Dividend Policy

Loading the player...

What is a 'Dividend Policy'

A dividend policy is the policy a company uses to decide how much it will pay out to shareholders in the form of dividends. Some research and economic logic suggests that dividend policy may be irrelevant (in theory), but many investors rely on dividends as a vital source of income.

BREAKING DOWN 'Dividend Policy'

Because dividends represent a form of income for investors, a company's dividend policy is an important consideration for some investors. As such, it is an important consideration for company leadership, especially because company leaders are often the largest shareholders and have the most to gain from a generous dividend policy. Most companies view a dividend policy as an integral part of the corporate strategy. Management must decide on the dividend amount, timing and various other factors that influence dividend payments over time. There are three types of dividend policies: a stable dividend policy, a constant dividend policy and a residual dividend policy.

Stable Dividend Policy

The stable dividend policy is the easiest and most commonly used policy. The goal of the policy is to aim for steady and predictable dividend payouts every year, which is what most investors are seeking. When earnings are up, investors receive a dividend. When earnings are down, investors receive a dividend. The goal is to align the dividend policy with the long-term growth of the company rather than with quarterly earnings volatility. This approach allows the shareholder to have more certainty around the amount and timing of the dividend.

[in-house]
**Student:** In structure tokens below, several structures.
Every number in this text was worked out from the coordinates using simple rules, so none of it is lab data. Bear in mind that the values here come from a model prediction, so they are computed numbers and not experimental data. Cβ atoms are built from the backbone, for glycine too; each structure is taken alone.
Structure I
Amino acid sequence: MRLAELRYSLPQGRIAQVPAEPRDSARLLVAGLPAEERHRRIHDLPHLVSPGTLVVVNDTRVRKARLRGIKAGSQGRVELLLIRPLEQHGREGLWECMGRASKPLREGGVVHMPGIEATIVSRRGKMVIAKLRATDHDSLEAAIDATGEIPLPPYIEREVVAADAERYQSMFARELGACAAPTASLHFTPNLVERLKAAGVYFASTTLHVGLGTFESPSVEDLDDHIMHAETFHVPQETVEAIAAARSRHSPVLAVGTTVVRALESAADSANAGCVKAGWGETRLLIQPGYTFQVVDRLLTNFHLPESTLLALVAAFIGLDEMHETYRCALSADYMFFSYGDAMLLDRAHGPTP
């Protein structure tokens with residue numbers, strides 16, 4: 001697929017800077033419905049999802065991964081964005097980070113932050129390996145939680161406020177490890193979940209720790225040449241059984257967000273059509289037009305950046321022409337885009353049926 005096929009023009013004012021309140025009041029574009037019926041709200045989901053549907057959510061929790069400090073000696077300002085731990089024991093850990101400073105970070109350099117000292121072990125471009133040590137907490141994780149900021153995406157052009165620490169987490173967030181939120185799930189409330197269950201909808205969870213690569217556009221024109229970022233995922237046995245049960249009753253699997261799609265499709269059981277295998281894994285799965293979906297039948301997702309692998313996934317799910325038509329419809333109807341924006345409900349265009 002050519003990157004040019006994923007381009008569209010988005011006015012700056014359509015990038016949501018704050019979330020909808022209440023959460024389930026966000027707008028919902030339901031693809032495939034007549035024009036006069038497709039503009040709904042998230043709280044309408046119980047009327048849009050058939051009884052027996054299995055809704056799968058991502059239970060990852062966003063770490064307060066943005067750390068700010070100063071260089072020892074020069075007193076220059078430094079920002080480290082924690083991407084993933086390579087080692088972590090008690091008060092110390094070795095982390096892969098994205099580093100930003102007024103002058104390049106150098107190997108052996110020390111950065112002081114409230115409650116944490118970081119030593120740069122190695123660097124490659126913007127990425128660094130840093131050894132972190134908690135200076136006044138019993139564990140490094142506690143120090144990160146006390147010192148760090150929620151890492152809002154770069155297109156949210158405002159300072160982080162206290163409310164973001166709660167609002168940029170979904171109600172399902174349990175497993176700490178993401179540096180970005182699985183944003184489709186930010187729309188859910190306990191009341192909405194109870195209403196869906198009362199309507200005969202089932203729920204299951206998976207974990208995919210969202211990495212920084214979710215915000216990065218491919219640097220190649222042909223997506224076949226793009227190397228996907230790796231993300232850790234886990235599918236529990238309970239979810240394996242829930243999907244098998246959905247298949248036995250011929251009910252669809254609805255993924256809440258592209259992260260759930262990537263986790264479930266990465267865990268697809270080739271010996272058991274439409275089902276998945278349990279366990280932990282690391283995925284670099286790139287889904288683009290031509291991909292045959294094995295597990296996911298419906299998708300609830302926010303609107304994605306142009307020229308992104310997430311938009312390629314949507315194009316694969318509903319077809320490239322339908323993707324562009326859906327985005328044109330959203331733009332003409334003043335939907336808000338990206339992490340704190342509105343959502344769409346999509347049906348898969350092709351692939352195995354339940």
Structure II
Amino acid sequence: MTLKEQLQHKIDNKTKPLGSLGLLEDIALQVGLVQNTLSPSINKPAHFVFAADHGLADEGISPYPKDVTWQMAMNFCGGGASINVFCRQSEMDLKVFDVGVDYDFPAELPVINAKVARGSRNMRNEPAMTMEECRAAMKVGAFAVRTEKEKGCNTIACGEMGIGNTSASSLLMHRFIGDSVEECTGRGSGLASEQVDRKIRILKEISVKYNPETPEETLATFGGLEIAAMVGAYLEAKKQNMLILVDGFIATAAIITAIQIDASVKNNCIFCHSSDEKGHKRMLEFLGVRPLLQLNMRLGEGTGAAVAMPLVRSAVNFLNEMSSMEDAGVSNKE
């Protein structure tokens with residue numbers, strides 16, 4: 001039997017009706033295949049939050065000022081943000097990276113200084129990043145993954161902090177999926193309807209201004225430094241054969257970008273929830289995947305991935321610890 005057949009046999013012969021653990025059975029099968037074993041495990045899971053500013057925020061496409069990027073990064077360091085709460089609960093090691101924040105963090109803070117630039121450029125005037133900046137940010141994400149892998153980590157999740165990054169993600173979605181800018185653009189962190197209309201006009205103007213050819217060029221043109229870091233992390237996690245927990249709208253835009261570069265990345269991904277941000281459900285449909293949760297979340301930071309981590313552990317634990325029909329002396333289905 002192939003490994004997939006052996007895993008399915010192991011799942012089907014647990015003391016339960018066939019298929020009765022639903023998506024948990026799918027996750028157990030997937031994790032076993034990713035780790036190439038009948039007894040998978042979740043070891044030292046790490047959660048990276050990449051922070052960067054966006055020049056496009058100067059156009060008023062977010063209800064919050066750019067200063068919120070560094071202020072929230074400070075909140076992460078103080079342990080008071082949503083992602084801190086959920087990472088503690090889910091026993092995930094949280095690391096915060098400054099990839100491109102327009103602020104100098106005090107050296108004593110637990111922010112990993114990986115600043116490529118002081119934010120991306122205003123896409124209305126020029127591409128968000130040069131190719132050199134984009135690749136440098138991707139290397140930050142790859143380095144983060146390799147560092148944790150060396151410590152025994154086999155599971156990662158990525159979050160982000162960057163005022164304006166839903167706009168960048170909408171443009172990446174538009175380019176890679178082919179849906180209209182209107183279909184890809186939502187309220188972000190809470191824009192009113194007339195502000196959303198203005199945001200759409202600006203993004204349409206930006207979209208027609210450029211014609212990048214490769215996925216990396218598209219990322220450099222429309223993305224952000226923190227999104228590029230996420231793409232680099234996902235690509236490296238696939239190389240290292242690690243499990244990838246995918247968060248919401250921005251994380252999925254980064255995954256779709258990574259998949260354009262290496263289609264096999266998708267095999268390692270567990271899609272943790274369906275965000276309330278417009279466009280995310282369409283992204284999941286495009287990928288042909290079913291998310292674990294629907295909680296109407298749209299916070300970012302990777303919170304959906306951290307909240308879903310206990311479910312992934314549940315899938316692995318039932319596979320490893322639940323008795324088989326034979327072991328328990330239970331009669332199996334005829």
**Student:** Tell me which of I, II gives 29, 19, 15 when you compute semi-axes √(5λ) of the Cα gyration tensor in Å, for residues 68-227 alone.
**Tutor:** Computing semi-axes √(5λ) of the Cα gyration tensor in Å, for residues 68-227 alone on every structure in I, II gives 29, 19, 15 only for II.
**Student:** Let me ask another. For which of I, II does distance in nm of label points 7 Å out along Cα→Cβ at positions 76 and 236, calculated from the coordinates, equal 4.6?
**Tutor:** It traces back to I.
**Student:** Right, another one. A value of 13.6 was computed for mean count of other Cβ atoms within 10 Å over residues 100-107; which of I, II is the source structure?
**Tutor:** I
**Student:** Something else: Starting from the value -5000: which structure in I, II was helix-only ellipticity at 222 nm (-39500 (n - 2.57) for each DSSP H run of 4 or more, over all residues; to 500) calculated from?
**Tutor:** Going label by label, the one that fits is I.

Constant Dividend Policy

The primary drawback of the stable dividend policy is that, in booming years, investors may not see a dividend increase. By contrast, under the constant dividend policy, a percentage of the company's earnings are paid every year. In this way, investors experience the full volatility of company earnings. If earnings are up, investors get a larger dividend; if earnings are down, investors may not receive a dividend. The primary drawback to the method is the volatility of earnings and dividends. It is difficult to plan when dividend income is highly volatile.

Residual Dividend Policy

A residual dividend policy is also highly volatile, but for some investors, it is the only acceptable dividend policy that a company should have. In a residual dividend policy the company pays out what's left after it pays for capital expenditures and working capital needs. This approach is volatile, but it makes the most sense in terms of business operations. Investors don't want to invest in a company that justifies its increased debt with the need to pay dividends.

RELATED TERMS
  1. Dividend

    A distribution of a portion of a company's earnings, decided ...
  2. Forward Dividend Yield

    An estimation of a year's dividend expressed as a percentage ...
  3. Dividend Rate

    The total expected dividend payments from an investment, fund ...
  4. Dividend Yield

    A financial ratio that shows how much a company pays out in dividends ...
  5. Accelerated Dividend

    Special dividends paid by a company ahead of an imminent change ...
  6. Indicated Yield

    The dividend yield that a share of stock would return based on ...
Related Articles
  1. Investing

    How And Why Do Companies Pay Dividends?

    If a company decides to pay dividends, it will choose one of three approaches: residual, stability or hybrid policies. Which a company chooses can determine how profitable its dividend payments ...
  2. Investing

    Why Dividends Matter